El Gedaref — Bread is being sold in the black market in El Gedaref in Sudan as the flour shortage endures in the state.
A resident told Radio Dabanga from the state in eastern Sudan that the price of a loaf of bread in the black market has amounted to 80 pence instead of 50 pence.
A large number of bakeries in the state closed because of the lack of flour. He called on the federal government to intervene urgently to address the bread crisis.
Meanwhile the markets in El Gedaref witnessed an unprecedented decline in the purchase of goods. Merchant Usama El Sayed told Radio Dabanga that the decline is caused by the surge of prices, as well as people being pre-occupied with the agricultural season.
A number of shops were closed because they suffered financial losses, El Sayed said. "The income of people is not enough to buy their basic needs."
In the beginning of this month the minister of finance and economy of El Gedaref attributed the crisis to the alleged sale of quantities of flour by owners of bakeries to traders in the markets.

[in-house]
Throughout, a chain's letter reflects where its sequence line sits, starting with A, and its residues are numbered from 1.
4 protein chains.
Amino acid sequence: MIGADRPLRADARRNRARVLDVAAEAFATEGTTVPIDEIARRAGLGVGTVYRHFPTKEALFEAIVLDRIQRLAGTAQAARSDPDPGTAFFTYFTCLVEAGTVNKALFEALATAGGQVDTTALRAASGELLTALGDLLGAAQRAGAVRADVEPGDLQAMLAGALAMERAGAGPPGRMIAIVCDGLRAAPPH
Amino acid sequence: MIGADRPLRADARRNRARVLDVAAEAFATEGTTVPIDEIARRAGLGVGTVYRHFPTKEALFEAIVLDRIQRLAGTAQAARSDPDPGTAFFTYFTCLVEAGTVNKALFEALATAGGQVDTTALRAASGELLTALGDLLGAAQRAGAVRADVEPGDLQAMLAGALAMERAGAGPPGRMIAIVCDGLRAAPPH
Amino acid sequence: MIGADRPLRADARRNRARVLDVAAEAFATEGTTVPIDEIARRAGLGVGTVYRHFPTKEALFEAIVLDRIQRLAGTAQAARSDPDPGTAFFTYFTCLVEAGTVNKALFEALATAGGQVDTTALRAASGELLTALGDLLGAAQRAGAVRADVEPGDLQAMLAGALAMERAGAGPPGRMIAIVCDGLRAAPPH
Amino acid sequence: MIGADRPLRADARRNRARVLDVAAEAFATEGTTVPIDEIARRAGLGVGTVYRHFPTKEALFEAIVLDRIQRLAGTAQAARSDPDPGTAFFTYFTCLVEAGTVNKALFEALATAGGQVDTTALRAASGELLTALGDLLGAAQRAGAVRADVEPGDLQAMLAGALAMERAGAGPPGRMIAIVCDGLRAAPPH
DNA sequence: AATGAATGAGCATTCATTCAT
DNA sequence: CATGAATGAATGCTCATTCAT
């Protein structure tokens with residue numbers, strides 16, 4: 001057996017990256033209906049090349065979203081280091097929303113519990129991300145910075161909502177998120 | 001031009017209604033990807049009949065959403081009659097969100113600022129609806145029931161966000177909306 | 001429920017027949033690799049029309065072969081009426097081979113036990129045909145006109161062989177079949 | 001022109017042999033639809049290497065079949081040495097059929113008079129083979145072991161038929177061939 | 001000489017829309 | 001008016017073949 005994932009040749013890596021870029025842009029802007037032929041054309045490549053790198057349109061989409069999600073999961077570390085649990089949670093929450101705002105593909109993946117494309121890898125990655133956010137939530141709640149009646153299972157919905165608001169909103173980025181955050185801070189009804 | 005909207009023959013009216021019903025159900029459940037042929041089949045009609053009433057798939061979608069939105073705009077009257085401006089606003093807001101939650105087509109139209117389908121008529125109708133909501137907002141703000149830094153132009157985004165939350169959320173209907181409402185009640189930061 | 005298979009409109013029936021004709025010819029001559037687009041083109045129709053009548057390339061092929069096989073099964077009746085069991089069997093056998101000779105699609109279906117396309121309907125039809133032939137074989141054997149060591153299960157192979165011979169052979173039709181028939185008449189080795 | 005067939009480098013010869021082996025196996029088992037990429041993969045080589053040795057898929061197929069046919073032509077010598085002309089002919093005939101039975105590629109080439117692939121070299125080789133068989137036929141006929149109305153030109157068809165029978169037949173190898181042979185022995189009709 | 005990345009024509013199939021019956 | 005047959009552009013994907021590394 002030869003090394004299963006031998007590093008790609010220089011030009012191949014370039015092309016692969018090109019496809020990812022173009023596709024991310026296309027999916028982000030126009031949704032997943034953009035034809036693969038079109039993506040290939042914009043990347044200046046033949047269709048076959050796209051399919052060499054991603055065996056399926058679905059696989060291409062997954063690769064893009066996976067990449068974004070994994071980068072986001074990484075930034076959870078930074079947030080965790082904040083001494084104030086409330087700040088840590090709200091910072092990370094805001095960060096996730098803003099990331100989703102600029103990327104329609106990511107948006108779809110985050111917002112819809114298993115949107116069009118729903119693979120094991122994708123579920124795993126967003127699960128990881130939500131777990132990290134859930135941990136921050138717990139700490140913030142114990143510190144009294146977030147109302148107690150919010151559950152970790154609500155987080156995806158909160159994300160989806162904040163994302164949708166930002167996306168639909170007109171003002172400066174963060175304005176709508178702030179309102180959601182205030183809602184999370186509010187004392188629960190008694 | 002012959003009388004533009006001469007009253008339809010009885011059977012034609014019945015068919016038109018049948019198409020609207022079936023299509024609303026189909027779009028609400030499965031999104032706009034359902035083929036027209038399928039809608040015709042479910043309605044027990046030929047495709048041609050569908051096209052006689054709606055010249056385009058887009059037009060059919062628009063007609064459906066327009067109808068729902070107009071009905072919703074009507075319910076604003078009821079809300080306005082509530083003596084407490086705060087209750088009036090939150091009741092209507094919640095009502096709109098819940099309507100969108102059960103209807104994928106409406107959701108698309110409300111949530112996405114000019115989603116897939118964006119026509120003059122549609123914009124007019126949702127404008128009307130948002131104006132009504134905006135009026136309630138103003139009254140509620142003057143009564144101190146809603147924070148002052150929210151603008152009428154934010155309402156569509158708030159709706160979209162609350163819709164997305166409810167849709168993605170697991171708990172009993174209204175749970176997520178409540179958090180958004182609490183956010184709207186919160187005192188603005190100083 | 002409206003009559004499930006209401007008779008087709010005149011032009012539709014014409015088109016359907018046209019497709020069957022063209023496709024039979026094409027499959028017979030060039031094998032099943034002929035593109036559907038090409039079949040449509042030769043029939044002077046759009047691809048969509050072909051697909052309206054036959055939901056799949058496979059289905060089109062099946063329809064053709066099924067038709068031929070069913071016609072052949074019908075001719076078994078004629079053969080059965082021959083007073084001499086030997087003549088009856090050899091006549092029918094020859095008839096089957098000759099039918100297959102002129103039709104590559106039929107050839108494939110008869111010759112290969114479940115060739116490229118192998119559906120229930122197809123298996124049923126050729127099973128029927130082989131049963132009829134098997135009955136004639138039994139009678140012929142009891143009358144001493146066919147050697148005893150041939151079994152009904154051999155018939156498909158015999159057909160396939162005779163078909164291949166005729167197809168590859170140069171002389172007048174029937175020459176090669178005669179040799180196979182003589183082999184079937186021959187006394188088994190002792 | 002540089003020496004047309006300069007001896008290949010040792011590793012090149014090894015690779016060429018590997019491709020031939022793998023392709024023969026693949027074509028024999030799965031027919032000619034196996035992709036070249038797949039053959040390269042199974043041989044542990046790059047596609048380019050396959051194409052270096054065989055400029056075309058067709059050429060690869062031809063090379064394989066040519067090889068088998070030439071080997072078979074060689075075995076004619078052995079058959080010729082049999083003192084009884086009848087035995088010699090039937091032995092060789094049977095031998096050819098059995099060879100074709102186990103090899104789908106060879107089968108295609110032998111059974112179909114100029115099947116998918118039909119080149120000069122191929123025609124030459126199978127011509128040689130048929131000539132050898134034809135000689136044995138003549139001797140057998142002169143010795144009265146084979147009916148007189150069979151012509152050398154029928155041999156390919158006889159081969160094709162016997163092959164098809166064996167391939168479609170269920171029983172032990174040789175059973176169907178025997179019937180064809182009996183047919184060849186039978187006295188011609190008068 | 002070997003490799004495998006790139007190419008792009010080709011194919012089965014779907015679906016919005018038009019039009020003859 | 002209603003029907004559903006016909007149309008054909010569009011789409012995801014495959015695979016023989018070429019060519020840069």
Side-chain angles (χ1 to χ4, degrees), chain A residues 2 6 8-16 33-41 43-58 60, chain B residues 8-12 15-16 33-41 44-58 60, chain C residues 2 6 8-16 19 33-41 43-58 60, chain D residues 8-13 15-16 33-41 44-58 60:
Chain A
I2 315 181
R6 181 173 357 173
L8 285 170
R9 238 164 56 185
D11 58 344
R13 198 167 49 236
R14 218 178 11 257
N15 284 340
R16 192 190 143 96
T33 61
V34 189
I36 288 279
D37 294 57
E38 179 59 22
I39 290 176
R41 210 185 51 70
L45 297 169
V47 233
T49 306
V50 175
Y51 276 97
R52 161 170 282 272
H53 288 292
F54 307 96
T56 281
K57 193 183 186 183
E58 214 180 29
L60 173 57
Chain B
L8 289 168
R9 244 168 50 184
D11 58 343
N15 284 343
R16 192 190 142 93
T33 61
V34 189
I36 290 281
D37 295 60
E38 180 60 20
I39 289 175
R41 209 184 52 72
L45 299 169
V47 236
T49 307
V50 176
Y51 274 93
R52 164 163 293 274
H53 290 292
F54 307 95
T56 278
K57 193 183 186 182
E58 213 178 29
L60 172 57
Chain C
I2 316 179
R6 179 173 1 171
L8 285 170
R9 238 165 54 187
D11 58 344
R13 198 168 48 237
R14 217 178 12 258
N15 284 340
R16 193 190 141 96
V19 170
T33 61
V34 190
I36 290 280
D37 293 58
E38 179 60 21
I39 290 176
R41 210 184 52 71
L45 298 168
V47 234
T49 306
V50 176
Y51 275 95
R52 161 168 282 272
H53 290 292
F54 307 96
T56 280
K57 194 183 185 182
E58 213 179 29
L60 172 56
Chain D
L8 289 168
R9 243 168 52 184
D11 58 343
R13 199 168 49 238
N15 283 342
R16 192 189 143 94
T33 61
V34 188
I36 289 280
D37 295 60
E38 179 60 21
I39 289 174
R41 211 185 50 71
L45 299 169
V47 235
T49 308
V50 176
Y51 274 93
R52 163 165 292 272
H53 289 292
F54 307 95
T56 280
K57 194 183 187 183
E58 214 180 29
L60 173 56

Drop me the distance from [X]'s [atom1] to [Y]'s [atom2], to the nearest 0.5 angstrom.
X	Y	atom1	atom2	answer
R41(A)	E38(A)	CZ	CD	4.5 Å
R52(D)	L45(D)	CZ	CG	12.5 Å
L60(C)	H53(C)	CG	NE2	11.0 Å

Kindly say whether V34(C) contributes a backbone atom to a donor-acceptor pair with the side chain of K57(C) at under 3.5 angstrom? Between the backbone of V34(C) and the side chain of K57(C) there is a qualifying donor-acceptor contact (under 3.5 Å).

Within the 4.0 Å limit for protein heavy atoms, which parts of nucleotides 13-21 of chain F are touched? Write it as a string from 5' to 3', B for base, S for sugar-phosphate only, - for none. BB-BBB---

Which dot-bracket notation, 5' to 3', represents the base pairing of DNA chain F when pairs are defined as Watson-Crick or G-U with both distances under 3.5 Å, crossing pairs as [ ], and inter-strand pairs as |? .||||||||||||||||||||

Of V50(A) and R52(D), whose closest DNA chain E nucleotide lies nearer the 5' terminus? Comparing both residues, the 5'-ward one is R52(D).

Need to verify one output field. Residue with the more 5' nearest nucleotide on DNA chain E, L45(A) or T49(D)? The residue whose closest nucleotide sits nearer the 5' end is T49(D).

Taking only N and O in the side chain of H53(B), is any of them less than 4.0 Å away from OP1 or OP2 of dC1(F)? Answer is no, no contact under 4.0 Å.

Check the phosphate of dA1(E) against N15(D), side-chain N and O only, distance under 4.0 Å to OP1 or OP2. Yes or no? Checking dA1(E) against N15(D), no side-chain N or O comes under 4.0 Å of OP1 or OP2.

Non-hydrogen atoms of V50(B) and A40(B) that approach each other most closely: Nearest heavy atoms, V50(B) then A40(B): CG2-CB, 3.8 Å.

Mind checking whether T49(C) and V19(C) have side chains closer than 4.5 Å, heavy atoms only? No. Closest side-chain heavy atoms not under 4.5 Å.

The secretary-general of El Gedaref Chamber of Commerce held the Ministry of Finance in the state responsible for the bread shortage, because of its non-commitment to distribute the quota of flour to the bakeries in the state. He confirmed the reduction in quotas by 50 per cent.
Since the start of this year, people in various parts of Sudan, in particularly in the east of the country, complain about a shortage of flour. In Khartoum almost a quarter of all bakeries are reported to have stopped work because of the lack of flour according to the head of the state's statistical office. This was contradicted when the director-general of the Ministry of Finance, Adel Abdelaziz El Faki, announced this week that no bakeries in the state have stopped working because of a lack of flour.